Google Updates it’s U.S. Trademark Policy Again

Another Google Trademark Policy Update – Trademarks allowed in Ad Copy in USA to allegedly avoid user confusion in search. See what we think

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Google announced this week even more updates to its trademark policy within the United States.

It was only recently that the policy was changed to allow trademarked terms to be used as keywords and therefore trigger ads and they are now making further changes which allow these terms to be used within ad copy too.

At present, Google allows trademark holders to request that their trademark terms are not used within ad copy, nonetheless, due to the previous changes, there are no restrictions in place to stop these trademark terms being used as keywords within their campaigns.

However, from June 15th this will no longer be the case and anyone, as long as they are a reseller of the trademarked product or offer information regarding it, will be allowed to include the trademark term within their ad copy.

The new policy change only applies in the U.S and only affects ads displayed on and to the U.S users on the search and content networks. The change is occuring because Google feels that it will help increase the relevancy and quality of the ads it displays and therefore improve user’s experience when using Google search.

As the policy stands, advertisers are not allowed to include trademark terms of products that they sell or review within their Adwords ad copy, if that term has been protected by the trademark owner.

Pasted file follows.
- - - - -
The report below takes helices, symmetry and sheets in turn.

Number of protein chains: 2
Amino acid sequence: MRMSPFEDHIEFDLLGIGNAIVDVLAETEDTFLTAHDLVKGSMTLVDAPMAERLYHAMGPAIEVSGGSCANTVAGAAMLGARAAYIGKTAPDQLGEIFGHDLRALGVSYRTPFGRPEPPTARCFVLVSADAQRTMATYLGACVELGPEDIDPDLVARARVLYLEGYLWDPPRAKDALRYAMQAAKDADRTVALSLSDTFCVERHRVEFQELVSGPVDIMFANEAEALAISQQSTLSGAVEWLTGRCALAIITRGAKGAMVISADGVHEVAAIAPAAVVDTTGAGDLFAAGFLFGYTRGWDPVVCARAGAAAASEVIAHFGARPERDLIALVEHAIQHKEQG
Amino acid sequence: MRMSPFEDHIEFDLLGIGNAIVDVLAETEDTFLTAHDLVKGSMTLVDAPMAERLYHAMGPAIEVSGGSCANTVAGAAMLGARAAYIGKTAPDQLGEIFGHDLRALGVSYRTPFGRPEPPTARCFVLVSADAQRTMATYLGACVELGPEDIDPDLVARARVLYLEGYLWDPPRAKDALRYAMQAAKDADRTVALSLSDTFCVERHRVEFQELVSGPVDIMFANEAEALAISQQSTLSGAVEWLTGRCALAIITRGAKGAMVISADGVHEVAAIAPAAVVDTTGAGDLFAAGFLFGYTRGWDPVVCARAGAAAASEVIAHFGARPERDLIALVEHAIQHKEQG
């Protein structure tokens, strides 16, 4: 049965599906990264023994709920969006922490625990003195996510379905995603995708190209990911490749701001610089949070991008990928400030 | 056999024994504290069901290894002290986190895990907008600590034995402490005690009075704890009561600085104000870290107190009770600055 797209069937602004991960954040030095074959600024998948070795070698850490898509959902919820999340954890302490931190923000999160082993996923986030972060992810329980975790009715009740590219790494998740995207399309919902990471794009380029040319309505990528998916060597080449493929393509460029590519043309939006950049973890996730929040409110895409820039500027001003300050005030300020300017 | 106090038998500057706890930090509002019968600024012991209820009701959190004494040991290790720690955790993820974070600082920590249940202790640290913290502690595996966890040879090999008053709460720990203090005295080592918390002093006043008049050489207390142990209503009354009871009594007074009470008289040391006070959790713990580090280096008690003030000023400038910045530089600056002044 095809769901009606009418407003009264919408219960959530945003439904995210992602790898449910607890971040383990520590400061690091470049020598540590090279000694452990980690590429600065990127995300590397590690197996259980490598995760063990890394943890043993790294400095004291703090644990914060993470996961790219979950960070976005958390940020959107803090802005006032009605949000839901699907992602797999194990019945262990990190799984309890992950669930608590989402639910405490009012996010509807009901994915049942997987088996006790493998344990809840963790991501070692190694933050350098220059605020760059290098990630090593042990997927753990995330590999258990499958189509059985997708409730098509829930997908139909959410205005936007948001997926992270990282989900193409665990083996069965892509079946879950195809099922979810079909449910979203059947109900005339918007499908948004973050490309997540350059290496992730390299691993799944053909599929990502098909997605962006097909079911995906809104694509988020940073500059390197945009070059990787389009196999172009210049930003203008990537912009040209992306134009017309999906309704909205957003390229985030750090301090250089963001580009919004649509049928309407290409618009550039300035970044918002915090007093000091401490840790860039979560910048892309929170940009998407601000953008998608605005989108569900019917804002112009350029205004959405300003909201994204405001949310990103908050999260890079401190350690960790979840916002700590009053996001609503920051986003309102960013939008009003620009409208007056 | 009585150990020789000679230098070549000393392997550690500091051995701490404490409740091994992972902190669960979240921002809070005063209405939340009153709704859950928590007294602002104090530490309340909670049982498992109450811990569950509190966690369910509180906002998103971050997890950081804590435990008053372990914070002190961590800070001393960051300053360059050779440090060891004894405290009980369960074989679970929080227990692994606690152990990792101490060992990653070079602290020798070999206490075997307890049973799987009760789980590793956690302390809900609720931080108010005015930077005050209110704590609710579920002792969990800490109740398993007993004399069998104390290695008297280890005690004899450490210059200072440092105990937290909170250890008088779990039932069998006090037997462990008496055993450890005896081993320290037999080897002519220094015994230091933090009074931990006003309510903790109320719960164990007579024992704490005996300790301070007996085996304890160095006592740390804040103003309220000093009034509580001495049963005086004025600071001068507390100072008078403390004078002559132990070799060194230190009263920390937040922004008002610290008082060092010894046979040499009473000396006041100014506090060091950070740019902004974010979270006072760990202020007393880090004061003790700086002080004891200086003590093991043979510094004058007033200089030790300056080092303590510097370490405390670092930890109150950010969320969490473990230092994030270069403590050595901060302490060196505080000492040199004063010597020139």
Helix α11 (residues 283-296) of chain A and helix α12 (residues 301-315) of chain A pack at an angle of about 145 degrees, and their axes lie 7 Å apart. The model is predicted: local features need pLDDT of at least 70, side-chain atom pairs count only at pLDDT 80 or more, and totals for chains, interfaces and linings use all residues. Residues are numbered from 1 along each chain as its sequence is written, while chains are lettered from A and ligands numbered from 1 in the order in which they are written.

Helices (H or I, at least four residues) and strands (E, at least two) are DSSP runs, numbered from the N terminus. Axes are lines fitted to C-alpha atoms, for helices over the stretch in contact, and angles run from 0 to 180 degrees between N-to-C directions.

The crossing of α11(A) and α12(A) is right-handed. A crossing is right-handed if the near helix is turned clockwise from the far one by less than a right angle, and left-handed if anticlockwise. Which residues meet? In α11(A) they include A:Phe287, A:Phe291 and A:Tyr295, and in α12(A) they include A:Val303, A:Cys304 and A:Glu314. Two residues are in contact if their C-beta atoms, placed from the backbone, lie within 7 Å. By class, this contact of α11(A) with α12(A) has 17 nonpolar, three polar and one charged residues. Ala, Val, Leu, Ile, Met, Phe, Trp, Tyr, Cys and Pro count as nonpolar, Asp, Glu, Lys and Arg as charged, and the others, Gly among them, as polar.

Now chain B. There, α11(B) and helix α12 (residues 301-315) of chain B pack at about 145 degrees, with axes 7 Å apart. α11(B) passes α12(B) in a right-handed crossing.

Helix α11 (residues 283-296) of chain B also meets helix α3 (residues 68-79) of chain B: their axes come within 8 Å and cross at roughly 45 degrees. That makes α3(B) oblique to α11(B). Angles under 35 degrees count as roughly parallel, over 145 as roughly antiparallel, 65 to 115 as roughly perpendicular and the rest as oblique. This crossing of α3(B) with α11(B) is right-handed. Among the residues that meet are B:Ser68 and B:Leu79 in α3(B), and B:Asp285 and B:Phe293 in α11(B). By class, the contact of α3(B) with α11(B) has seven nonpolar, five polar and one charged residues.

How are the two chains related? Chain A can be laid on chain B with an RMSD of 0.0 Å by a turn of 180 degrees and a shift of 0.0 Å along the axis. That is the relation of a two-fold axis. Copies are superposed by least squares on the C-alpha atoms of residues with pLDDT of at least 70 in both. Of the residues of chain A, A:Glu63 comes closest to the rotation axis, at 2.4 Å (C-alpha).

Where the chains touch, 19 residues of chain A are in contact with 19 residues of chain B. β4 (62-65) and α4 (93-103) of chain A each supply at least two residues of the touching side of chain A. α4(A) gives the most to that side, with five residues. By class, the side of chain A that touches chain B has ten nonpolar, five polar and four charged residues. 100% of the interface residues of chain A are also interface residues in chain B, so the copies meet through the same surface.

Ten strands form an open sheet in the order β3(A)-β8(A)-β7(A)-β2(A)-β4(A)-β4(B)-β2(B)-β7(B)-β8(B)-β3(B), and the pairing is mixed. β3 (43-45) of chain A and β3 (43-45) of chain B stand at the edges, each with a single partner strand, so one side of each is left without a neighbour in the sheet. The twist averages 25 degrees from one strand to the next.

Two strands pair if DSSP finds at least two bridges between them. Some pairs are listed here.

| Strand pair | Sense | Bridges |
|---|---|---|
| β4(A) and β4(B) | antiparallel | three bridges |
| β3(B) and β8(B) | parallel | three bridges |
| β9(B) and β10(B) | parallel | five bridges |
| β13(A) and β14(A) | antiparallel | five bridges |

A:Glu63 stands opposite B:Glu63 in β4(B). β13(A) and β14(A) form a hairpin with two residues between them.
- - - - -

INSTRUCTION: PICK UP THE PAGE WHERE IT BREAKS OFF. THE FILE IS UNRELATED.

Therefore if an online store sells trainers or sports equipment that is made by a particular brand that is a protected trademark term then that term is not used in ad copy, meaning that the sports store would not be able to include the particular brand names of the products that they sell in their ads.

Their ad copy would have to say ‘Tennis rackets for sale, at great prices’ or ‘Sports trainers available at discount prices’, but would not be able to be specific in the sports brand that they are referring to, such as Wilson or Nike for instance, even though the search term entered to trigger the ad contained that brand name.

Google feels that this is confusing to the user and feels that the change in the policy will help advertisers create more narrowly targeted ads and make it clear to the searcher exactly what they are selling / offering.

However, some people may wonder why Google have had this sudden change of heart regarding its trademark policies and we can’t ignore the fact that the transformation will help to increase their profits. We will just have to wait and see if this increase in revenue will cost them the trust of their advertisers in the U.S.


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